Who could forget Seinfeld’s 1995 version of “the Soup Nazi”? He served the best soup on the planet. So good that his customers had to follow his ordering procedure (step into the store, move to the right side, proceed directly to the counter, order without comment, and step to the left) to get what they wanted, or they would hear the dreaded words, “No soup for you!”
This begs the question, if your product is just that good, does good customer service really matter? Would you put up with poor customer service for a product you love? Probably not. Good customer service is important. Great customer service is even better.
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From good to great
Good customer service is about making a client happy—happy enough to try your products or use your services and then sing your praises to all who will listen. Great customer service is the backbone of any successful business, big or small. And whether you accept it or not, running a school IS running a business. Your clients (parents, students, board members, and taxpayers) are as critical as any corporation’s most important clients—and twice as demanding!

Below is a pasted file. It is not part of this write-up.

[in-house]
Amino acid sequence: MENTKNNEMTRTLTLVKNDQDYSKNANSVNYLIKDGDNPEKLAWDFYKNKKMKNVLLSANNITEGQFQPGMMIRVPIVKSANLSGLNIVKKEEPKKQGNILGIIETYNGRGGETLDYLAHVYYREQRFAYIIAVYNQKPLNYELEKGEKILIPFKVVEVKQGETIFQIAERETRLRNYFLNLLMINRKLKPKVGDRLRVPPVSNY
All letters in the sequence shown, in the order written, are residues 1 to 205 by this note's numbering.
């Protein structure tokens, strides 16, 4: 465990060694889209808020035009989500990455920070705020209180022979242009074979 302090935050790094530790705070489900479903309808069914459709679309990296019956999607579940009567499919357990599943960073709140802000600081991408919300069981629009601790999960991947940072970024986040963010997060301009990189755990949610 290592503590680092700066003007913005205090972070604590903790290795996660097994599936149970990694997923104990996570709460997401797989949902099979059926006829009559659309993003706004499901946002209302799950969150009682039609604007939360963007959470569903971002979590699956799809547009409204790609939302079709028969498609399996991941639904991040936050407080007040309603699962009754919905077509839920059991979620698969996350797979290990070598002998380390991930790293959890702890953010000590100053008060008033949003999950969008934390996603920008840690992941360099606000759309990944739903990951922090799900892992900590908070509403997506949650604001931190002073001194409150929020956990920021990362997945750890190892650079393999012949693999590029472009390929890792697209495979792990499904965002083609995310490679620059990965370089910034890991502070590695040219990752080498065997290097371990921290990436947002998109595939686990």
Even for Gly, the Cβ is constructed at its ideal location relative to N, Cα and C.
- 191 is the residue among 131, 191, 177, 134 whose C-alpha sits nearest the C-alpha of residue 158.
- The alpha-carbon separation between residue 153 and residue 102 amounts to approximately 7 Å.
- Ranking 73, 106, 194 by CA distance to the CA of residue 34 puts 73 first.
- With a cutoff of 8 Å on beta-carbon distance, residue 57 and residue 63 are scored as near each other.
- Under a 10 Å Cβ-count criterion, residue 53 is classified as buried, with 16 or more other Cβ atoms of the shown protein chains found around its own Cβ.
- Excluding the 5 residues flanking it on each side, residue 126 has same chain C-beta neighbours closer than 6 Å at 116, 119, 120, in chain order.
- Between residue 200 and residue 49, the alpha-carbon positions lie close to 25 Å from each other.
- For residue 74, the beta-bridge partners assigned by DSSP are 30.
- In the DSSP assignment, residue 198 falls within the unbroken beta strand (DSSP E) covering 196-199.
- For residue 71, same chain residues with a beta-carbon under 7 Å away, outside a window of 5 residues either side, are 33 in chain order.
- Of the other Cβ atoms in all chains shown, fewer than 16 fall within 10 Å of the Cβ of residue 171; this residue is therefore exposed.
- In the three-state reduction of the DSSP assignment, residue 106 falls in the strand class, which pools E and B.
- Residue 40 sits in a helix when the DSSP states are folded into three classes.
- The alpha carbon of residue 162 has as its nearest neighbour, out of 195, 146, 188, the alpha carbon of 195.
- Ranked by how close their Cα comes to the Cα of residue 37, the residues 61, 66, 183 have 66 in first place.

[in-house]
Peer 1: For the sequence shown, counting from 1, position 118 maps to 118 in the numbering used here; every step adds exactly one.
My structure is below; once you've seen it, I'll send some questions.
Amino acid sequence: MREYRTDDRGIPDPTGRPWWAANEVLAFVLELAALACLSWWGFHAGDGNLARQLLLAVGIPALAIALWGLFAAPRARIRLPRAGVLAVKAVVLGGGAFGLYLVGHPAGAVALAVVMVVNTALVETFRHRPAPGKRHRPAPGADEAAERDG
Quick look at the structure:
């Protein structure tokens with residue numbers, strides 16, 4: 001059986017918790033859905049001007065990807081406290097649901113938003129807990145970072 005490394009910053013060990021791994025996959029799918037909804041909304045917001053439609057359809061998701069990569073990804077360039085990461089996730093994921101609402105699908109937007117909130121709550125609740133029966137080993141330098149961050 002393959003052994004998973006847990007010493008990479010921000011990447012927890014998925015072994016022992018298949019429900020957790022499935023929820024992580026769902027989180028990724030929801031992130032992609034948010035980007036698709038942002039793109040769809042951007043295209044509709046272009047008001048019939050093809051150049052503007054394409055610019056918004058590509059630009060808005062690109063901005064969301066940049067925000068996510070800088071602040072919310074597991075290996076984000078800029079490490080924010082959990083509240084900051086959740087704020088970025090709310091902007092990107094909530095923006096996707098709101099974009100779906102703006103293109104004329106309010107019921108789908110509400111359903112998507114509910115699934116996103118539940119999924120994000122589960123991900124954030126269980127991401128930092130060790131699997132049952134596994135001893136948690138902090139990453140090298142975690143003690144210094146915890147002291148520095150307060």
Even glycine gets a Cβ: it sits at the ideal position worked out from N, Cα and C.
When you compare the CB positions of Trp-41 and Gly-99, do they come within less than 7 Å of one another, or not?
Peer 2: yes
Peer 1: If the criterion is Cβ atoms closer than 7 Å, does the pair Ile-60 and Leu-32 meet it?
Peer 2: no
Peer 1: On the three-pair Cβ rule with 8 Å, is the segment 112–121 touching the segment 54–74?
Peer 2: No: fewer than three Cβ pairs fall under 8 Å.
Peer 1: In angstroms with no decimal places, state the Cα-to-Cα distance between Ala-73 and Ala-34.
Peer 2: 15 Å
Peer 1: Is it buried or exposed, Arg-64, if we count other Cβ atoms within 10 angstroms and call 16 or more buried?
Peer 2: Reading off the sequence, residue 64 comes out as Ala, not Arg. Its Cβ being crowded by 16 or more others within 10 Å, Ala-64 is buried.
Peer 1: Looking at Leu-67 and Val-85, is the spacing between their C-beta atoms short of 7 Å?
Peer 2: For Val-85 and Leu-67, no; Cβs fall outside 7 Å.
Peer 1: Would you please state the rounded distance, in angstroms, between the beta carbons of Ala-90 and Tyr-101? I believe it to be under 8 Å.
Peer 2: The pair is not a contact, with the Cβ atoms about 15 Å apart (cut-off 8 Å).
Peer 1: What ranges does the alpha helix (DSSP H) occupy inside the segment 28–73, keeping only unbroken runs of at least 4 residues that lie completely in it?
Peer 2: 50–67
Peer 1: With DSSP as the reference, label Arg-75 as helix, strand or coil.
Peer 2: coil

The following are some of the most important rules of great customer service for schools:
- Keep your promises.
Always do what you say you are going to do. Your client doesn’t care if it’s been super crazy at work or if several staff members are out on sick leave. If you made a promise, deliver on that promise. No excuses. Be sure to make reasonable promises, giving yourself a little “wiggle room,” and if you can exceed expectations, all the better. Look for ways to make doing business with you easy, and always do what you say you are going to do.
- Train your staff.
Give your staff members the information and power they need to make the small, customer-pleasing decisions. When they can say, “Yes, I can do that for you” instead of, “I don’t know; I’ll have to ask somebody,” your customers will walk away delighted. Immediate satisfaction goes a long way to providing great customer service! It’s also important to emphasize to your “front desk” person that his/her critical role is your “face” to the community. Businesses often put the lowest paid people in that role and neglect to provide them with the necessary information for that integral position. Hint: Hire happy people for these critical positions. You can train for job skills, but it’s difficult to train for a pleasant disposition.